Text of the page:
By Adrienne Roberts
Getty ImagesNOAH SEELAM
Car companies are stepping up efforts to tackle the longtime problem of distracted driving by installing cameras and other monitoring technology in vehicles to detect when a driver’s attention wanders from the road.
Volvo Cars /zigman2/quotes/208069681/delayed VLVLY -0.27% said it would start rolling out new eye-tracking devices across its lineup over the next few years, featuring cameras in cockpits to monitor motorists’ gazes. The system would send an alert or even limit a car’s speed whenever its driver’s eyes are averted for too long.
Subaru Corp. /zigman2/quotes/200526066/delayed FUJHY +1.04% installed a driver-monitoring system on its Forester crossover last year that beeps if drivers’ eyelids droop or their focus drifts from the road for extended periods. The Japanese car company plans to add the feature on two more new models next year, the Legacy sedan and Outback sport-utility. BMW AG /zigman2/quotes/209548467/delayed DE:BMW +0.30% also has introduced similar eye trackers in a limited number of models.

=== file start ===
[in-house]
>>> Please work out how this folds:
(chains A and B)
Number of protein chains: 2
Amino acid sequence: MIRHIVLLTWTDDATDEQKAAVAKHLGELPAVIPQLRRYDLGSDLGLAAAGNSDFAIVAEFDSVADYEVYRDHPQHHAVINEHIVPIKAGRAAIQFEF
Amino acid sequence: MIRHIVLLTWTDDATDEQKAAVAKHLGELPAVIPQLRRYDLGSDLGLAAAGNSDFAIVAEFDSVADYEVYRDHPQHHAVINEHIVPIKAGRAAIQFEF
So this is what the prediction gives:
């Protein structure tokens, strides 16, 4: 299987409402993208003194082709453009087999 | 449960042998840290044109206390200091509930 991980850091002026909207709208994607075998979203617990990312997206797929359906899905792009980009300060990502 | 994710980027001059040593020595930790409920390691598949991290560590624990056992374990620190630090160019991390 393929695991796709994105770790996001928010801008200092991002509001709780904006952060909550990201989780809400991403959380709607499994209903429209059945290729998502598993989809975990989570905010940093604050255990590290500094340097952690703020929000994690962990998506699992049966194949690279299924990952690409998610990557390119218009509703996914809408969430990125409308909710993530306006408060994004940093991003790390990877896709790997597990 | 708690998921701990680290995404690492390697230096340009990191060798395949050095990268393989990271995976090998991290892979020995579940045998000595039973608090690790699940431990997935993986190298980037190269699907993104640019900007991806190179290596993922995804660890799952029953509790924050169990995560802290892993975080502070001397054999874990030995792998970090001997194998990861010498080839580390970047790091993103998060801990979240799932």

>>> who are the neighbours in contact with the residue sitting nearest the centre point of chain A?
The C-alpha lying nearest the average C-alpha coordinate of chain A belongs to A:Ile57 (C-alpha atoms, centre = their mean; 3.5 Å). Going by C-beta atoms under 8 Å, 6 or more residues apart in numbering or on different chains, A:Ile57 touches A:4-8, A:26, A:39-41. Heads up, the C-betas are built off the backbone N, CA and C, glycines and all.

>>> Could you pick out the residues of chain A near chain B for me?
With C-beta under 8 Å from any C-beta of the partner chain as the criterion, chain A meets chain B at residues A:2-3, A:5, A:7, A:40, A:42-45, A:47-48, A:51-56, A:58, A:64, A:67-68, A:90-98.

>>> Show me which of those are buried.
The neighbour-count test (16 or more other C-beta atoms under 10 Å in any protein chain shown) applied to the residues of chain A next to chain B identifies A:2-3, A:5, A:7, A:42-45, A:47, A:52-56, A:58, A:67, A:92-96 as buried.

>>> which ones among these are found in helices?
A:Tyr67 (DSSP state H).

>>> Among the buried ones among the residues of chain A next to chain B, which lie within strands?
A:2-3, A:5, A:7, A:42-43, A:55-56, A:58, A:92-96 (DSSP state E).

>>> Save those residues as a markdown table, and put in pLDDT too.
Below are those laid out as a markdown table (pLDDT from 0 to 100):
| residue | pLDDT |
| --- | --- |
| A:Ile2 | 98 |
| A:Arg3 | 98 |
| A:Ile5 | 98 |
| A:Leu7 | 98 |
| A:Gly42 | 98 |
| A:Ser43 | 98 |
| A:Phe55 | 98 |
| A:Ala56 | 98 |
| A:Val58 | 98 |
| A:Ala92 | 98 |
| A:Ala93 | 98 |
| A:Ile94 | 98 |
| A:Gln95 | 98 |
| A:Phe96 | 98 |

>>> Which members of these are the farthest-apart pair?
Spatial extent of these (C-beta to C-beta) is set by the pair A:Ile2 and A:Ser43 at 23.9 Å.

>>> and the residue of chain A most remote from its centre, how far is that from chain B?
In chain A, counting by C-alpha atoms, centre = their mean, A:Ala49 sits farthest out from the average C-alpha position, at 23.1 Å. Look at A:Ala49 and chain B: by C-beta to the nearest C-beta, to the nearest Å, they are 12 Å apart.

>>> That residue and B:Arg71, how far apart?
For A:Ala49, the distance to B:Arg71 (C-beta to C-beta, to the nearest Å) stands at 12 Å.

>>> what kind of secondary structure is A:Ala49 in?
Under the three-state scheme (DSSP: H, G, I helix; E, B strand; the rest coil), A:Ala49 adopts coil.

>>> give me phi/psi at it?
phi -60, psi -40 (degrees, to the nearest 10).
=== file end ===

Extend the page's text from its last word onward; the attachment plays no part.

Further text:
Other car makers, including Daimler AG’s Mercedes-Benz /zigman2/quotes/208157843/delayed DMLRY -1.27% and Nissan Motor Co., /zigman2/quotes/207656007/delayed NSANY +2.88% are taking a slightly different approach. Rather than inward-facing cameras, they are adding detection software that uses sensors designed to determine fatigue or inattention by monitoring a driver’s steering patterns and how frequently a car drifts out of its lane.
Auto executives say they realize trying to convince drivers to tuck away their mobile devices can often be a losing battle.
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